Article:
They were taken to Trieste and imprisoned at the Risiera di San Sabba, the only Nazi concentration camp in Italy with a crematorium, and a way station of sorts for Jewish deportees. From there, they were forced onto a cattle car.
After a days-long trip, the train came to a stop, and the locked doors opened. Andra’s first memory of Auschwitz, she told the students, was the jump down. To a little girl, the ground seemed so far away.
Beating the odds of survival
“It’s better with the snow,” Tatiana said as she trudged across the ice shortly after arriving in Poland. “Certain things even seem beautiful.”
At the Judenrampe, the “Jewish platform” where deportees were unloaded before Nazis built the now-iconic train tracks directly into the camp, Andra looked at the frozen ground as she recalled the scene in 1944 — the soldiers barking in a language she didn’t understand and herding the masses like animals. Mira and her daughters, Gisella and Sergio were ordered in one direction, Nonna Rosa in the other. Like many elderly deportees, she immediately perished.
By surviving that first selection, Andra and Tatiana had already exceeded their life expectancy at Auschwitz. “The fact that these children survived at all is extraordinary luck,” said Patricia Heberer, a historian at the U.S. Holocaust Memorial Museum and the author of “Children During the Holocaust.”
Andra and Tatiana believe they were spared because they were mistaken for twins, who were prized by the notorious Nazi doctor Josef Mengele for medical experiments. Among the copious records kept by the Germans at Auschwitz, there is a list of twins, Tatiana and Andra have been told, on which their names appear. They do not know why their cousin Sergio went with them, and not to the gas chamber.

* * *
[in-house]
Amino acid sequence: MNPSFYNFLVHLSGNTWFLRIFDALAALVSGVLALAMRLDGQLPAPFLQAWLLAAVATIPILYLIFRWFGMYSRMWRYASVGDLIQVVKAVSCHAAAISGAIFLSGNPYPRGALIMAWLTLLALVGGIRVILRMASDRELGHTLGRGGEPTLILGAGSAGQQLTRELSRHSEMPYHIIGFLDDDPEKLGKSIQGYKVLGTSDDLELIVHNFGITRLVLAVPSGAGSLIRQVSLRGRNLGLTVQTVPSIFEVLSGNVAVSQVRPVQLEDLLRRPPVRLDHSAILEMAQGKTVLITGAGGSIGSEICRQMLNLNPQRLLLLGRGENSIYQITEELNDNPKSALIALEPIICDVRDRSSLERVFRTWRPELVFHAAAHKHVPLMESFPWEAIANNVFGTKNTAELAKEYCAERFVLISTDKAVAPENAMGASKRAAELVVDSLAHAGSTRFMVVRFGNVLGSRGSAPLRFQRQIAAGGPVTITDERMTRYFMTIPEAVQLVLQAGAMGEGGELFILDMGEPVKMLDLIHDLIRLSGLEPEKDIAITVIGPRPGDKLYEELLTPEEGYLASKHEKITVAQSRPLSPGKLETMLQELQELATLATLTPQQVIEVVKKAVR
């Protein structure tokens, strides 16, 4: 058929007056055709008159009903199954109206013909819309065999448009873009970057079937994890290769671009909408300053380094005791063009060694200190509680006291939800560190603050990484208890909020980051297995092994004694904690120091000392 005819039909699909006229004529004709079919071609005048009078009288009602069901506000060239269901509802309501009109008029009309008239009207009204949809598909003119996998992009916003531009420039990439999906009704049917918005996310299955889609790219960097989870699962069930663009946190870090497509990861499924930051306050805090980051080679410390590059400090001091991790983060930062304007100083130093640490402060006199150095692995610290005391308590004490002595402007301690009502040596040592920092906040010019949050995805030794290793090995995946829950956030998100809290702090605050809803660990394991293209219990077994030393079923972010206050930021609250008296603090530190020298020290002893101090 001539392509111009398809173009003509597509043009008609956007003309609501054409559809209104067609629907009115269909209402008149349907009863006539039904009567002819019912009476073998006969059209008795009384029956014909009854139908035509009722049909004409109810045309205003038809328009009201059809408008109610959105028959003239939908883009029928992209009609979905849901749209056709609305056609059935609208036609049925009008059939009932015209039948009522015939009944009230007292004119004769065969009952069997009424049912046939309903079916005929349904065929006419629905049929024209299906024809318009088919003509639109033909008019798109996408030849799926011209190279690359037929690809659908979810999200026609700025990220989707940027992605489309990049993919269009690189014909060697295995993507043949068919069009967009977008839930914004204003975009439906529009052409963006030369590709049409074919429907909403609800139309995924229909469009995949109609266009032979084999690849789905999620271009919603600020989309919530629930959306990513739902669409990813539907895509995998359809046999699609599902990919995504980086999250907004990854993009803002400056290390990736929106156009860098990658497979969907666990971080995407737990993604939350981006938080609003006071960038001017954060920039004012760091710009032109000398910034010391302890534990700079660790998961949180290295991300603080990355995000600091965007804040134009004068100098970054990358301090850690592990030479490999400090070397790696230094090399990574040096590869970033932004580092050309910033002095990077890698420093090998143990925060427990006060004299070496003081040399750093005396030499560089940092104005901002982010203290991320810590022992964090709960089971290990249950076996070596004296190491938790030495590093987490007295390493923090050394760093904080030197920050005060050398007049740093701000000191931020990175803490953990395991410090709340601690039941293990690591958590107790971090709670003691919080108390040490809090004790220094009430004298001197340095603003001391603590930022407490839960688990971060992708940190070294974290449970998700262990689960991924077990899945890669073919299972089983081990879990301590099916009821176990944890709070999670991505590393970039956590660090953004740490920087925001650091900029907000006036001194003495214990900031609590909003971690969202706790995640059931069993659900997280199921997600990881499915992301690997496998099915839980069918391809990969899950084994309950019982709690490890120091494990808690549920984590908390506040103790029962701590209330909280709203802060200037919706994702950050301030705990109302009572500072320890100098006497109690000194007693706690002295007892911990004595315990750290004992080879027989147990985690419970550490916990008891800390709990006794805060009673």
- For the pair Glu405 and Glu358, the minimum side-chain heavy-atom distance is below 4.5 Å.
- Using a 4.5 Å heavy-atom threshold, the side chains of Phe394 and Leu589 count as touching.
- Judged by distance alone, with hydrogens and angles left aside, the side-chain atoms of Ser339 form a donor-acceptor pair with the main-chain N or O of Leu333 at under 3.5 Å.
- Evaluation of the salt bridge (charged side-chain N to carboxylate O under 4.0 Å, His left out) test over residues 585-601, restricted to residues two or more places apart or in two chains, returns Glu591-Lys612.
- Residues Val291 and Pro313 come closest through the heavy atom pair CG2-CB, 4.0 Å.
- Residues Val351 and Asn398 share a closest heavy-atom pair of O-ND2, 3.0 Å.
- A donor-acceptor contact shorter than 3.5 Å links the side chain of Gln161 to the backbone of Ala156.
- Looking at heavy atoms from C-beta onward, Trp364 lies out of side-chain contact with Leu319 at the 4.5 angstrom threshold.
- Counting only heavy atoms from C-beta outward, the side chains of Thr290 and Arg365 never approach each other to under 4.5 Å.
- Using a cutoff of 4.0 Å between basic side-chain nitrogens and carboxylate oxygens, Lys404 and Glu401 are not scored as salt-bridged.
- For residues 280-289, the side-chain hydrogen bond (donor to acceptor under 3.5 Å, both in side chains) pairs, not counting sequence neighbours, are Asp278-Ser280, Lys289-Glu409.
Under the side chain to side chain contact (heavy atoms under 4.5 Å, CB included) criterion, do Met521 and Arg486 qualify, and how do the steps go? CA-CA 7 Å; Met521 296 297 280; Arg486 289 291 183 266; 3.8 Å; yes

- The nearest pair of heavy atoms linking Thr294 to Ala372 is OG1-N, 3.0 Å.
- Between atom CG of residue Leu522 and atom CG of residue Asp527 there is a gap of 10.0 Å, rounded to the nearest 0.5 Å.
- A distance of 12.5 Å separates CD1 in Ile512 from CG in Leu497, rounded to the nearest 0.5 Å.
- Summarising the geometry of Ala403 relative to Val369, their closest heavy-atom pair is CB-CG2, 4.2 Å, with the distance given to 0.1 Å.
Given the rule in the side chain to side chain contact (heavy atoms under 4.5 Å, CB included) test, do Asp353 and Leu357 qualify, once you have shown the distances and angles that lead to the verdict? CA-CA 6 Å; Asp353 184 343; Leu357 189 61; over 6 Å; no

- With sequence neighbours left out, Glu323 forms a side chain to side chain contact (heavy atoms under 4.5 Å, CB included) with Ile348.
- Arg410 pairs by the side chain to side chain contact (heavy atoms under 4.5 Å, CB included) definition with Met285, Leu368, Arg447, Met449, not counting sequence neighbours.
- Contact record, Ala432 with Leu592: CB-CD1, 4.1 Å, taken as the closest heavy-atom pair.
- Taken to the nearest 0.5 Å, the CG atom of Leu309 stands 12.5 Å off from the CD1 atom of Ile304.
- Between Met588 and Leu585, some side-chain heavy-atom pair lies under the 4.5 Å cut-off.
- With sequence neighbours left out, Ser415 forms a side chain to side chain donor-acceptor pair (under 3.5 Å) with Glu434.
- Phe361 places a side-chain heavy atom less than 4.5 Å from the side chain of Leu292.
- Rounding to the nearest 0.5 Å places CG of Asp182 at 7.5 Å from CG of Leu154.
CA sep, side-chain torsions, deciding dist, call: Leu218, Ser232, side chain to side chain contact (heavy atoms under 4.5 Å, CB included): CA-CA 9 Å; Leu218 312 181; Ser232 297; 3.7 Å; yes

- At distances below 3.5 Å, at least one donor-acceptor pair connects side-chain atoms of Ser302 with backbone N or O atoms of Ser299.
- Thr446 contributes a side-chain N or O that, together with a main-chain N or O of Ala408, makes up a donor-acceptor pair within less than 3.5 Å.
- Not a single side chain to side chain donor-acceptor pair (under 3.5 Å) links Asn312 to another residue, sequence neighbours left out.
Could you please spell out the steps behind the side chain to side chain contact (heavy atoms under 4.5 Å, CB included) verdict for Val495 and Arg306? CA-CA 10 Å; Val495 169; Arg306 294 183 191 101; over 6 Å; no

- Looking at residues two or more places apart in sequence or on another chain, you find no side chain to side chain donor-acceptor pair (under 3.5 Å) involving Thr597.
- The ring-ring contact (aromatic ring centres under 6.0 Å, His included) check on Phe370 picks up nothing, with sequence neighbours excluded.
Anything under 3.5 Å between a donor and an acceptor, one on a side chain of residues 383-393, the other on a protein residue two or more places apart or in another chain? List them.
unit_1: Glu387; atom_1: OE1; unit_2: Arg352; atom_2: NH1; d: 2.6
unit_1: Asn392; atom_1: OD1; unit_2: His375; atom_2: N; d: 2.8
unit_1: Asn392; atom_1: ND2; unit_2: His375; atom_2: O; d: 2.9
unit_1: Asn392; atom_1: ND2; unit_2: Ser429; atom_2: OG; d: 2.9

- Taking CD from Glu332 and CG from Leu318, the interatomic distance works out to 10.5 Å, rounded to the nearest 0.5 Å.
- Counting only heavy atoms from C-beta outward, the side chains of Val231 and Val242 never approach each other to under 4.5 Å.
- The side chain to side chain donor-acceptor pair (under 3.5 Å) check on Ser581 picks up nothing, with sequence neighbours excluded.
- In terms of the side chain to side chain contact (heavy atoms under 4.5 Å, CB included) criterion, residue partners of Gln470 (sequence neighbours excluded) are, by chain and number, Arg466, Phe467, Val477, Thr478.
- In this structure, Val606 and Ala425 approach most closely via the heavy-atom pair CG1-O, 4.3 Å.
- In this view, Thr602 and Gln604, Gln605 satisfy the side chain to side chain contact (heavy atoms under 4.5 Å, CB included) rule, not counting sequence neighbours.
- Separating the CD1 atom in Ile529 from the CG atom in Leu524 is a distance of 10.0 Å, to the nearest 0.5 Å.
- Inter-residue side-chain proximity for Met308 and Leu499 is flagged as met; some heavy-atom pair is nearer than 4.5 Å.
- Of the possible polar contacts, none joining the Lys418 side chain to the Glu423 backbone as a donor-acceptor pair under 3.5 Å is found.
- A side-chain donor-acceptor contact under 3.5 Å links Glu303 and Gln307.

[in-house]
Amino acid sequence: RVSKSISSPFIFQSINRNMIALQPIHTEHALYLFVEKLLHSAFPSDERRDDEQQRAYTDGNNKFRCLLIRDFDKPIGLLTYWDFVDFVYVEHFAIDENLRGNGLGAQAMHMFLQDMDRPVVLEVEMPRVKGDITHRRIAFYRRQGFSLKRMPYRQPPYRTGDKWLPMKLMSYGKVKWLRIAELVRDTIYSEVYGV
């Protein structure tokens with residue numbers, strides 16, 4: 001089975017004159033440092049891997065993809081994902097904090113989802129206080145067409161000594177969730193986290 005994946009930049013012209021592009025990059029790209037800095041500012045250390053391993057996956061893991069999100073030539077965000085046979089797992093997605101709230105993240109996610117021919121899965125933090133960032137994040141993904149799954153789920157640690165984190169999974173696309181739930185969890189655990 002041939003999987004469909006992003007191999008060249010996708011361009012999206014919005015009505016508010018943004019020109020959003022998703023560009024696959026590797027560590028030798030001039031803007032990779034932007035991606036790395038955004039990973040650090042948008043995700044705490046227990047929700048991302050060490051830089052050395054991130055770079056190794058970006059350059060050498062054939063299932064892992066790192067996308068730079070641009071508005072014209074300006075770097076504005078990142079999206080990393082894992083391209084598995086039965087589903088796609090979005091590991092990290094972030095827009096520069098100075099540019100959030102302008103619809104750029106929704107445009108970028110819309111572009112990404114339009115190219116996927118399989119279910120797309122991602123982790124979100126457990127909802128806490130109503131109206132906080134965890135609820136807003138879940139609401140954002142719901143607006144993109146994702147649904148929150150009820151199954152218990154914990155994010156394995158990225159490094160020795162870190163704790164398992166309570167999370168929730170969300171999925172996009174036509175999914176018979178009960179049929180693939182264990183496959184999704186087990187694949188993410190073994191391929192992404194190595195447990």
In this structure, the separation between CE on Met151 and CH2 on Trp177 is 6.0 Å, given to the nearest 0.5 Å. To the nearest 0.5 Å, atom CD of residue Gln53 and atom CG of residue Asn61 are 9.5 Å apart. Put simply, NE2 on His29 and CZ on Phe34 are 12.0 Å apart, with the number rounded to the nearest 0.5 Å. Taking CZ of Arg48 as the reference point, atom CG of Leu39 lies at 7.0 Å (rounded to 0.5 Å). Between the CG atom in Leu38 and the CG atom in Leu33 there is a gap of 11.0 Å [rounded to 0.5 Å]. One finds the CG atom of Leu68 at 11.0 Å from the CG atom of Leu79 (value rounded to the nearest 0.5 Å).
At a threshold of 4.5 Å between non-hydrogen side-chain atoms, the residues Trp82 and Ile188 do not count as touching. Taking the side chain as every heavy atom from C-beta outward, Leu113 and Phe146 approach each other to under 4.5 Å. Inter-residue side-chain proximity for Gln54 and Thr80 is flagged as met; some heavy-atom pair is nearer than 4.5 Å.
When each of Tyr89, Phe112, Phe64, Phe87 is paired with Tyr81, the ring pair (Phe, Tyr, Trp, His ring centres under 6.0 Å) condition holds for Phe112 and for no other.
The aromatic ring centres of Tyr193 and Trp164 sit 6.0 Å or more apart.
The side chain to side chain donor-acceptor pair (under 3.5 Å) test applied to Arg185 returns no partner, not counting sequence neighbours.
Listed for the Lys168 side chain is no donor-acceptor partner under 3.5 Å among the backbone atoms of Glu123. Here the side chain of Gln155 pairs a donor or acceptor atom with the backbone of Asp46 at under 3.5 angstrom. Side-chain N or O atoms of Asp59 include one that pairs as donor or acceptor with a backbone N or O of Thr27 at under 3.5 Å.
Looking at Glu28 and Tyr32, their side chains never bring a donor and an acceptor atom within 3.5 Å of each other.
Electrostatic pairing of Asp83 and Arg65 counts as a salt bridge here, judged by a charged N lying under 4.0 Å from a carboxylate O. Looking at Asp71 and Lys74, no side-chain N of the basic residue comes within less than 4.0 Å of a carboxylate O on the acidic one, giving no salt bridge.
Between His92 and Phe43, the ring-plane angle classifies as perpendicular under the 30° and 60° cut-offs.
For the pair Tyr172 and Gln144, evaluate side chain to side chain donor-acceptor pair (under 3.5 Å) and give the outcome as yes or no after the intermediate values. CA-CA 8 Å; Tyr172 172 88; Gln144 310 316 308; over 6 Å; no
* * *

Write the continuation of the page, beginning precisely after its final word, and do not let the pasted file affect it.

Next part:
Mira held her girls tightly as they began a long walk away from the platform — a path that the students followed — to the brick building known as the sauna. All these years later, Andra and Tatiana can point to where they all undressed and where their mother’s hair was shorn.
Then came the tattoos. Mira went first, as if to find out what her children would suffer, and became No. 76482. Then Andra, No. 76483, followed by Tatiana, No. 76484. Neither remembers the process hurting.
“Now it is part of me, as if I were born with it,” Tatiana said, referring to her number. It is proof, she said, that “I won, and they didn’t.”
Mira went to the women’s quarters and to work. The girls, along with Sergio, went to the children’s barracks. When they separated, Mira had the “marvelous intuition,” as Tatiana said, to remind her daughters not to forget their names. If they did, she realized in a flash of maternal instinct, how would she possibly find them after the war? She instructed the girls to wish each other good night, every night, by name.